The XT-1 with the Fuji 55-200 lens and 8fps is a compelling combination.

The combination worked so well that I used it to publish a picture gallery for work. 


A7R in the Wynwood district of Miami.

So the big question I guess might be which camera is the best? Well if you put a gun to my head and forced me to choose I would probably take the bullet; I just love both of these cameras that much. The A7R is amazing for landscape, urban and portrait shots and suits the pace that I work at for the most part. The Fuji replicates all that, albeit with much smaller files and detail, and throws in the bonus of being fast and, I think, better looking. If you're on a  budget the Fuji will not displease but it's what I can do with the A7R files that continues to impress. Pictures that I have been convinced were average or just lost have turned out to be stunning. But whenever I am packing for another trip I go through the same dilemma - Fuji or Sony. It's most definitely a first world problem but the fact that I lose sleep over which of these small and highly capable cameras to take with me is a testament to how much choice and quality mirrorless shooters have these days!

A7R - forgiveness is a wonderful thing....

Fuji XT-1 and the trusty 35mm f/1.4

Costa Rica and the X-Pro 1

Andy Gallacher is an international TV correspondent based in Miami. 

The drug runners blast up and down the Rio Colorado with impunity, they aren’t afraid of much in this remote corner of Costa Rica. We’re about 6 miles from the border with Nicaragua at a Tarpon fishing lodge run by Dan Wise a former judge from Mississippi. He’s been here for years and tells us when drugs do wash ashore they’re sold straight back to the cartels at a handsome price. He also tells us it’s not hard to tell who found what locals refer to as square fish. ‘If they’re in rags one day,’ says Dan with a wry smile. ‘And the next day they’re in gold chains with a Rolex you know who got lucky.’  It’s the perfect place for my X-Pro1, stealth is a way of life on Costa Rica’s Caribbean coastline.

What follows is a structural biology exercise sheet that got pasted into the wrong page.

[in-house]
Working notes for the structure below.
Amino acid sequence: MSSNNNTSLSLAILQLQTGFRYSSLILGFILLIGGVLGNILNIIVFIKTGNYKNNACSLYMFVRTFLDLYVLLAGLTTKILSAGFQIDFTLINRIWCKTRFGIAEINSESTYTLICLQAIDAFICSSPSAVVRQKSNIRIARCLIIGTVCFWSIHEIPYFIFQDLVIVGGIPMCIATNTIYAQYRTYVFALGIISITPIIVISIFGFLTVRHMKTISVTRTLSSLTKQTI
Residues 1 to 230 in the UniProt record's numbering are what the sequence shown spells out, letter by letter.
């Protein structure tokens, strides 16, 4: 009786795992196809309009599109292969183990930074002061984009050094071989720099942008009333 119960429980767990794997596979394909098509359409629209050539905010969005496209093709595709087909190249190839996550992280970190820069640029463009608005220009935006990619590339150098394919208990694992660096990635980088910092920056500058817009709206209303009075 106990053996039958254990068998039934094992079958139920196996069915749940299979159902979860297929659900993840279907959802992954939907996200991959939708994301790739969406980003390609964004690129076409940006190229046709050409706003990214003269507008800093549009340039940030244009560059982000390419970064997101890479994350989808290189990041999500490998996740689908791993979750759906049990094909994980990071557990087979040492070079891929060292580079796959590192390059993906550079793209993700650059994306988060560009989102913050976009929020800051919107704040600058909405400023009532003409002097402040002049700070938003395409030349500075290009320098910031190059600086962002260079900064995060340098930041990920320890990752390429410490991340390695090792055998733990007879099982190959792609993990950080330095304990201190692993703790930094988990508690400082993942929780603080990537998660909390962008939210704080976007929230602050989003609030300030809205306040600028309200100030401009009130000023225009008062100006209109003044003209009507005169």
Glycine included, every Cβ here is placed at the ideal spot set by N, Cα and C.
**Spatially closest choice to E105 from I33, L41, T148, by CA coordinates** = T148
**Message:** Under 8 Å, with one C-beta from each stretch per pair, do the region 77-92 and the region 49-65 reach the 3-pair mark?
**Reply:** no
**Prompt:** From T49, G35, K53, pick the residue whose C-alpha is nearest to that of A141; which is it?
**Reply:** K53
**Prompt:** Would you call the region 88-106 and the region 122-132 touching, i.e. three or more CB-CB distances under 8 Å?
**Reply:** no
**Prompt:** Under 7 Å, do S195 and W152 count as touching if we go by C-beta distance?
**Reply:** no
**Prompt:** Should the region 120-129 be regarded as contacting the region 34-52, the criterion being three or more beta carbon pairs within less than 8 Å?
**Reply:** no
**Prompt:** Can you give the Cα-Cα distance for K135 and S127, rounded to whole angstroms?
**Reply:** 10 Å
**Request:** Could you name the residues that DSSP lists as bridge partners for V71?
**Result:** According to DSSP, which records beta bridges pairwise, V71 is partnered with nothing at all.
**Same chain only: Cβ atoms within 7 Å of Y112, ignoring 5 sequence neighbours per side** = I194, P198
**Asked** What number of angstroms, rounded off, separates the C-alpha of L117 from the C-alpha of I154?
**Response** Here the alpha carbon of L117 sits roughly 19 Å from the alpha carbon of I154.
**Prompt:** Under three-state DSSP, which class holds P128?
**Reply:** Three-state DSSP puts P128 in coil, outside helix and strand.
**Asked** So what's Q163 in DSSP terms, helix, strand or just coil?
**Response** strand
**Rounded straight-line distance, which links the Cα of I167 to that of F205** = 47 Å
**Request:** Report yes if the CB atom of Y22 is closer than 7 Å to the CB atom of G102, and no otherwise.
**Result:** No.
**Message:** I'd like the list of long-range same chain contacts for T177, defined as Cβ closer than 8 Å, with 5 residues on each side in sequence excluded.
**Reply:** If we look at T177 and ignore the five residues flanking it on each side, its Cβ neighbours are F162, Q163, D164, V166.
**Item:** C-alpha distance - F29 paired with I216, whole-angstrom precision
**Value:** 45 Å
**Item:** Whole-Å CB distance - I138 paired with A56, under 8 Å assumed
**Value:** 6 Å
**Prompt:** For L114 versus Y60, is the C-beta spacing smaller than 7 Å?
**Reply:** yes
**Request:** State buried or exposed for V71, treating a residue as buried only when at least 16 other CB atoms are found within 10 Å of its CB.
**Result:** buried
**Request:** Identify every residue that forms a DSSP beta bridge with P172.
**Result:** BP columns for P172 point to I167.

When I stumble across Dan’s abandoned boat yard the timing couldn’t be better. The sun is low over the jungle casting a golden light across the unkempt clutter surrounding the lodge. As a photographer moments like this are when you lose yourself. The setting is perfect, the light and subjects inspiring but time limited. For the next few minutes I maneuver through the long grass trying to capture the splendor of Dan’s cast aways aware that the sun is setting fast. My little Fuji, and its almost constant companion the 35mm f/1.4 lens, cope admirably with the changing light and before I realize it an hour has gone by and the sun is almost gone.

costa rica-1-6.jpg

This was the last part of my assignment in Costa Rica and a fitting end to a great trip. We’d traveled from the west coast, through the central highlands to Dan’s lodge on the east coast and been thoroughly charmed by the entire country and its people (well maybe not the drug runners). As ever my X-Pro1 was tucked away in my ThinkTank bag and performed beautifully. All those initial gripes and frustrations have been melting away with each firmware update and although it's still not a perfect camera it is a perfect traveling companion.  

My patient cameraman Jim Hoffman.